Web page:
The issue of the application of the mental-disease benefit limitation is not a medical issue. It is a matter of statutory interpretation. There is no dispute that Alzheimer's is a physical condition, organic and not functional in nature, and that treatment of acutely agitated patients is appropriately undertaken by psychiatrists in psychiatric hospitals. The issue is whether application of the benefit limit to a patient's mental condition is to be determined according to its etiology, or according to the nature of the symptoms treated and the modalities of treatment.
The Commission's position would limit Program coverage for necessary psychiatric treatment not only of organic brain diseases but, if we understand it correctly, also for necessary psychiatric treatment necessitated by traumatic physical injuries to the brain or other parts of the body. Hospitalization for surgery for a traumatic brain injury or a brain tumor, for instance, would be fully covered, but psychiatric treatment of resulting personality and behavior changes would be covered only within the $10,000/$20,000 limit for mental illness.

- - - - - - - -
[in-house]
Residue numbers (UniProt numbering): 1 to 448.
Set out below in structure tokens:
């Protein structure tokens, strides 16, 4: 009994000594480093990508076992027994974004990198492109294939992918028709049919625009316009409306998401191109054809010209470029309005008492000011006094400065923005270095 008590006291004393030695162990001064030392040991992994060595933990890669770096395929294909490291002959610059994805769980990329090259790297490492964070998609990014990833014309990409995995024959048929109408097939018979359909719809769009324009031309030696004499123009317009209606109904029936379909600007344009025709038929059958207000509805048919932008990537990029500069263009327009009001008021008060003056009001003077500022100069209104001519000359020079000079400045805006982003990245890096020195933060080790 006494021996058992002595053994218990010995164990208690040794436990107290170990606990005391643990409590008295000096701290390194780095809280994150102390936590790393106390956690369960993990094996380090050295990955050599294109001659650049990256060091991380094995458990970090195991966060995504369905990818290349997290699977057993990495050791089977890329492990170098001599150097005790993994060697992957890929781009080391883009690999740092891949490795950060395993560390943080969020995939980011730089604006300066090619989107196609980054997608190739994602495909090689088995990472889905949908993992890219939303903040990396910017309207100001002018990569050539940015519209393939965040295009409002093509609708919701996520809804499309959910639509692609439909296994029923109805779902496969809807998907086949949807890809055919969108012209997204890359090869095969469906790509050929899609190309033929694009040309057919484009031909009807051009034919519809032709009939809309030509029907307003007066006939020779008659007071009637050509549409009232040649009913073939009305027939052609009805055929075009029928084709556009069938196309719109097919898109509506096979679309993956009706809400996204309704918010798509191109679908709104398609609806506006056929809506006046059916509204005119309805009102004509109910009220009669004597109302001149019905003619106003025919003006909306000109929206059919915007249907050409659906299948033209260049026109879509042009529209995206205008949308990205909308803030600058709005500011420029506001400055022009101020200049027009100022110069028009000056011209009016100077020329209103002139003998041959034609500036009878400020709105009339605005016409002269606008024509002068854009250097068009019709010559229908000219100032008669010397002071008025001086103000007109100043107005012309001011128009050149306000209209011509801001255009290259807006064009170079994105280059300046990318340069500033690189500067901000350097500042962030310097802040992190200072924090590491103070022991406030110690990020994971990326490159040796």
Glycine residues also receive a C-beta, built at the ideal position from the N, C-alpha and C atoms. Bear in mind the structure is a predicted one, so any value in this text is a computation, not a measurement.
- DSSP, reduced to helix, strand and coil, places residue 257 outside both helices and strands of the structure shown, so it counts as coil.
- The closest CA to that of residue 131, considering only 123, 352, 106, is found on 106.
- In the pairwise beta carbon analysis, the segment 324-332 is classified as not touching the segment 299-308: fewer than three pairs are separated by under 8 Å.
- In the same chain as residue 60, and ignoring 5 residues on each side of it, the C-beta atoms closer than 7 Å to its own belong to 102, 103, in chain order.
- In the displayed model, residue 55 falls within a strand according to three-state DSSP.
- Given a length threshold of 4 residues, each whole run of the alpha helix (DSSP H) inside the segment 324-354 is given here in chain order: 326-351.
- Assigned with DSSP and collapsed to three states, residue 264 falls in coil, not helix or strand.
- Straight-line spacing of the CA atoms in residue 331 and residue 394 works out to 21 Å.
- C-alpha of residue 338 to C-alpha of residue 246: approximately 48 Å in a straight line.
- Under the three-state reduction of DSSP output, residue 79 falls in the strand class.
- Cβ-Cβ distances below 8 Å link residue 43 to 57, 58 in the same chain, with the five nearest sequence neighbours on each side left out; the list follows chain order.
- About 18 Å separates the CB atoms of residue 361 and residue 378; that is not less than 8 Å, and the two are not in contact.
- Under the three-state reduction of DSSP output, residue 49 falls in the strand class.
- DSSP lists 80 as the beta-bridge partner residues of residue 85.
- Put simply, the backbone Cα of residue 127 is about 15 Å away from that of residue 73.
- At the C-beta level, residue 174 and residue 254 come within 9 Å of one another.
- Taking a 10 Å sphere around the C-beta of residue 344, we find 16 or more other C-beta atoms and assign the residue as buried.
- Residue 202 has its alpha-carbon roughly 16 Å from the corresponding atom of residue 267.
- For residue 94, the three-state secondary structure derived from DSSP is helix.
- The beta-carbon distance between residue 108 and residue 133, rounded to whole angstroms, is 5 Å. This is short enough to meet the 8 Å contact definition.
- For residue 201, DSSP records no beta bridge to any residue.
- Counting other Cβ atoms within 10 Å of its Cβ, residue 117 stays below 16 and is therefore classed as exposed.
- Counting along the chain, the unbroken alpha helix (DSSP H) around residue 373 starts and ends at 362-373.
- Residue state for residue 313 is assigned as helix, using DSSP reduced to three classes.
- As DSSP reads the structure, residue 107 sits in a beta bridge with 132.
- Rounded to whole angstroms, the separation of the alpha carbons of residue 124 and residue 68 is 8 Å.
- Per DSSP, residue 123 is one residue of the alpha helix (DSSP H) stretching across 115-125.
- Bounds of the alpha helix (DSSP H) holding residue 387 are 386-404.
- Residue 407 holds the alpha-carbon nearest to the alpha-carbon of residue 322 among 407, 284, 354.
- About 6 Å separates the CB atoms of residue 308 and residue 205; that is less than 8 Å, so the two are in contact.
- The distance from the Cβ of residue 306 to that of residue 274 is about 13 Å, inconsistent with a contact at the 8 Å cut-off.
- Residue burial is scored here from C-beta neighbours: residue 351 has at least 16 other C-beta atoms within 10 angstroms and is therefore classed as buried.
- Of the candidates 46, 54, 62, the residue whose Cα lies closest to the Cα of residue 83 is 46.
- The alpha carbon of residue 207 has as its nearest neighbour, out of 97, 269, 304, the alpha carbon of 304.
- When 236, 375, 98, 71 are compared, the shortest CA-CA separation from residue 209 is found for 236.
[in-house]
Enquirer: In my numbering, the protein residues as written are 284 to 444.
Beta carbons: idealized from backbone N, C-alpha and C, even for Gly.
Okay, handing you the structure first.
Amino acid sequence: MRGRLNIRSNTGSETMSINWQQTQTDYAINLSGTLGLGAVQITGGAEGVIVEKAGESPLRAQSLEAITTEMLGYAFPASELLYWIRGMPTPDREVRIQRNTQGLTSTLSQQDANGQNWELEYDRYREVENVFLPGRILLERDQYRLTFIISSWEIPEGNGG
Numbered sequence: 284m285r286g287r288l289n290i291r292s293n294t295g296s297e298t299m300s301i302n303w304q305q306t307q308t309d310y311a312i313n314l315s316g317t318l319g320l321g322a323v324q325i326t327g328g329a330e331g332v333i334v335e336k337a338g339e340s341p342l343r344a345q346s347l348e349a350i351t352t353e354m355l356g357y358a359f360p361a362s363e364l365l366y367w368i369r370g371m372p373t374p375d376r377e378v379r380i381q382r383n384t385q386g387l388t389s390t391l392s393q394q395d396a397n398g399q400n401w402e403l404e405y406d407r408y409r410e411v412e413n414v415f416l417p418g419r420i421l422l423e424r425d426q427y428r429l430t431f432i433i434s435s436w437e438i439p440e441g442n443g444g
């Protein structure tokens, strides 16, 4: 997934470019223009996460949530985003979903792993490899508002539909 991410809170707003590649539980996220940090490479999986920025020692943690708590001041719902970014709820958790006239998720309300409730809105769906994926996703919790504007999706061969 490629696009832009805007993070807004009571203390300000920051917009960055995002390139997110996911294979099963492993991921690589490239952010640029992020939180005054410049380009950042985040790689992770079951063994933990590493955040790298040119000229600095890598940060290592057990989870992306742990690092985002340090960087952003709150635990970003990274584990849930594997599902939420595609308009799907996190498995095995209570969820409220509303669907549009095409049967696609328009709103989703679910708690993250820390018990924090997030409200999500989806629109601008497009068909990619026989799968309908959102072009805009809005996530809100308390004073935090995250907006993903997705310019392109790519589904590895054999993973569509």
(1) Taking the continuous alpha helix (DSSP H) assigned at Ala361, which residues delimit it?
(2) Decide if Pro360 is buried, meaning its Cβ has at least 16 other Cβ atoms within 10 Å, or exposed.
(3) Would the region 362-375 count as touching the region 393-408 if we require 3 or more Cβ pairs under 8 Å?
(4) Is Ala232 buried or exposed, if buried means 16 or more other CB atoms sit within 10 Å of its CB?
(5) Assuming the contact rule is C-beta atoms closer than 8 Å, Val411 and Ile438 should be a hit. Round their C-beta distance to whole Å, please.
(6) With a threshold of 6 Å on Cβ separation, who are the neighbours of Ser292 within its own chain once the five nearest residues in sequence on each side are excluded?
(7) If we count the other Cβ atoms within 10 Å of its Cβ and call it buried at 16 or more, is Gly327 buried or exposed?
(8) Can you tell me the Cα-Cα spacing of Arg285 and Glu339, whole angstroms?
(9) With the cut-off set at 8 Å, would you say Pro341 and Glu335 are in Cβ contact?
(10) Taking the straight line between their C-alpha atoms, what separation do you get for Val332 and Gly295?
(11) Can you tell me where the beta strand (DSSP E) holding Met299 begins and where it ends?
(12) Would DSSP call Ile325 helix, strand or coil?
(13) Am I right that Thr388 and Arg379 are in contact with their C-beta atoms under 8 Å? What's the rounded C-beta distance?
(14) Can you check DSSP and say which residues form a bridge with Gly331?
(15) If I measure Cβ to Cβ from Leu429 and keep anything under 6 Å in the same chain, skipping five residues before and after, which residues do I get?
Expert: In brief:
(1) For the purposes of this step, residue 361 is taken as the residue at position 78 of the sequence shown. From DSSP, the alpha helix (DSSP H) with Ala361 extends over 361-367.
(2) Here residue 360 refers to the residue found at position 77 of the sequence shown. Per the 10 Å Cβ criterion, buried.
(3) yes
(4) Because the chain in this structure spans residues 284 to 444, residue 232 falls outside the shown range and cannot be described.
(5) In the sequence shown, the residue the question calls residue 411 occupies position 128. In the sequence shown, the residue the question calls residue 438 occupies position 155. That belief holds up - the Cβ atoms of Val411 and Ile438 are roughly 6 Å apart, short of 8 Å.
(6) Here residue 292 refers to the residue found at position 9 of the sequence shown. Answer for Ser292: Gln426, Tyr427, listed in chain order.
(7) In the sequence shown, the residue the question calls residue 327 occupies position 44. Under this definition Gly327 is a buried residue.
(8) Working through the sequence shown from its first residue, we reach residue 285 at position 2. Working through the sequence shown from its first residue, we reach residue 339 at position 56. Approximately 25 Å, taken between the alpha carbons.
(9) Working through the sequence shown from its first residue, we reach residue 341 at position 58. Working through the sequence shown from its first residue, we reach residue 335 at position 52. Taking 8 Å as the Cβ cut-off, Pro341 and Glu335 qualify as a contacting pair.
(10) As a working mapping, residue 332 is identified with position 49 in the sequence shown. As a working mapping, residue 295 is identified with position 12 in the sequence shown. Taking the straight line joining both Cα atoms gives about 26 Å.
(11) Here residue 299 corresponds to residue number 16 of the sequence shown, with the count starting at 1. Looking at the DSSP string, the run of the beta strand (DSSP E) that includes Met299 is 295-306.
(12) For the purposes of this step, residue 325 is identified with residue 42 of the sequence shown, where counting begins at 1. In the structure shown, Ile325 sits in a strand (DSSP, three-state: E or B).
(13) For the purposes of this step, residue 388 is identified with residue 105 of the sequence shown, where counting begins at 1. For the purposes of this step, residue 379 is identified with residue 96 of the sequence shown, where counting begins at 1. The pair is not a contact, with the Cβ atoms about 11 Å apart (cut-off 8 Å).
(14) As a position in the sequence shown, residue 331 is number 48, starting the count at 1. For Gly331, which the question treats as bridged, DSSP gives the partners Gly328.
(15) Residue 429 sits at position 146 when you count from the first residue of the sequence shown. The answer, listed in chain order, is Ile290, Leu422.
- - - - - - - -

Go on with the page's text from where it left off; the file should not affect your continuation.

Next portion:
If we were dealing with a commercial insurance policy, we would have no difficulty ruling that the mental illness benefit limitation does not apply to necessary psychiatric treatment for Alzheimer's disease. The language of limitation is, at the very least, ambiguous on the question whether cause or treatment of a condition engages the limitation. In those circumstances, the ambiguous language is construed against the profferer. A case directly on point is Sachs v. Commercial Ins. Co., 119 N.J. Super. 226,
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290 A.2d 760 (Law Div.1972), aff'd o.b., 124 N.J. Super. 258, 306 A.2d 83 (App.Div.1973).
In Sachs, defendant insurer issued a group major medical expense policy for members of the New Jersey State Bar Association. Plaintiff's decedent suffered from cerebral arteriosclerosis, progressive in nature, causing a gradual deterioration of the patient's intellectual powers. Defendant declined to pay for over two years' resulting hospitalization. It relied on benefit limitations in defendant's two policies, in one for "mental illness" and, the other for "mental or nervous illness, disorder or emotional disturbance."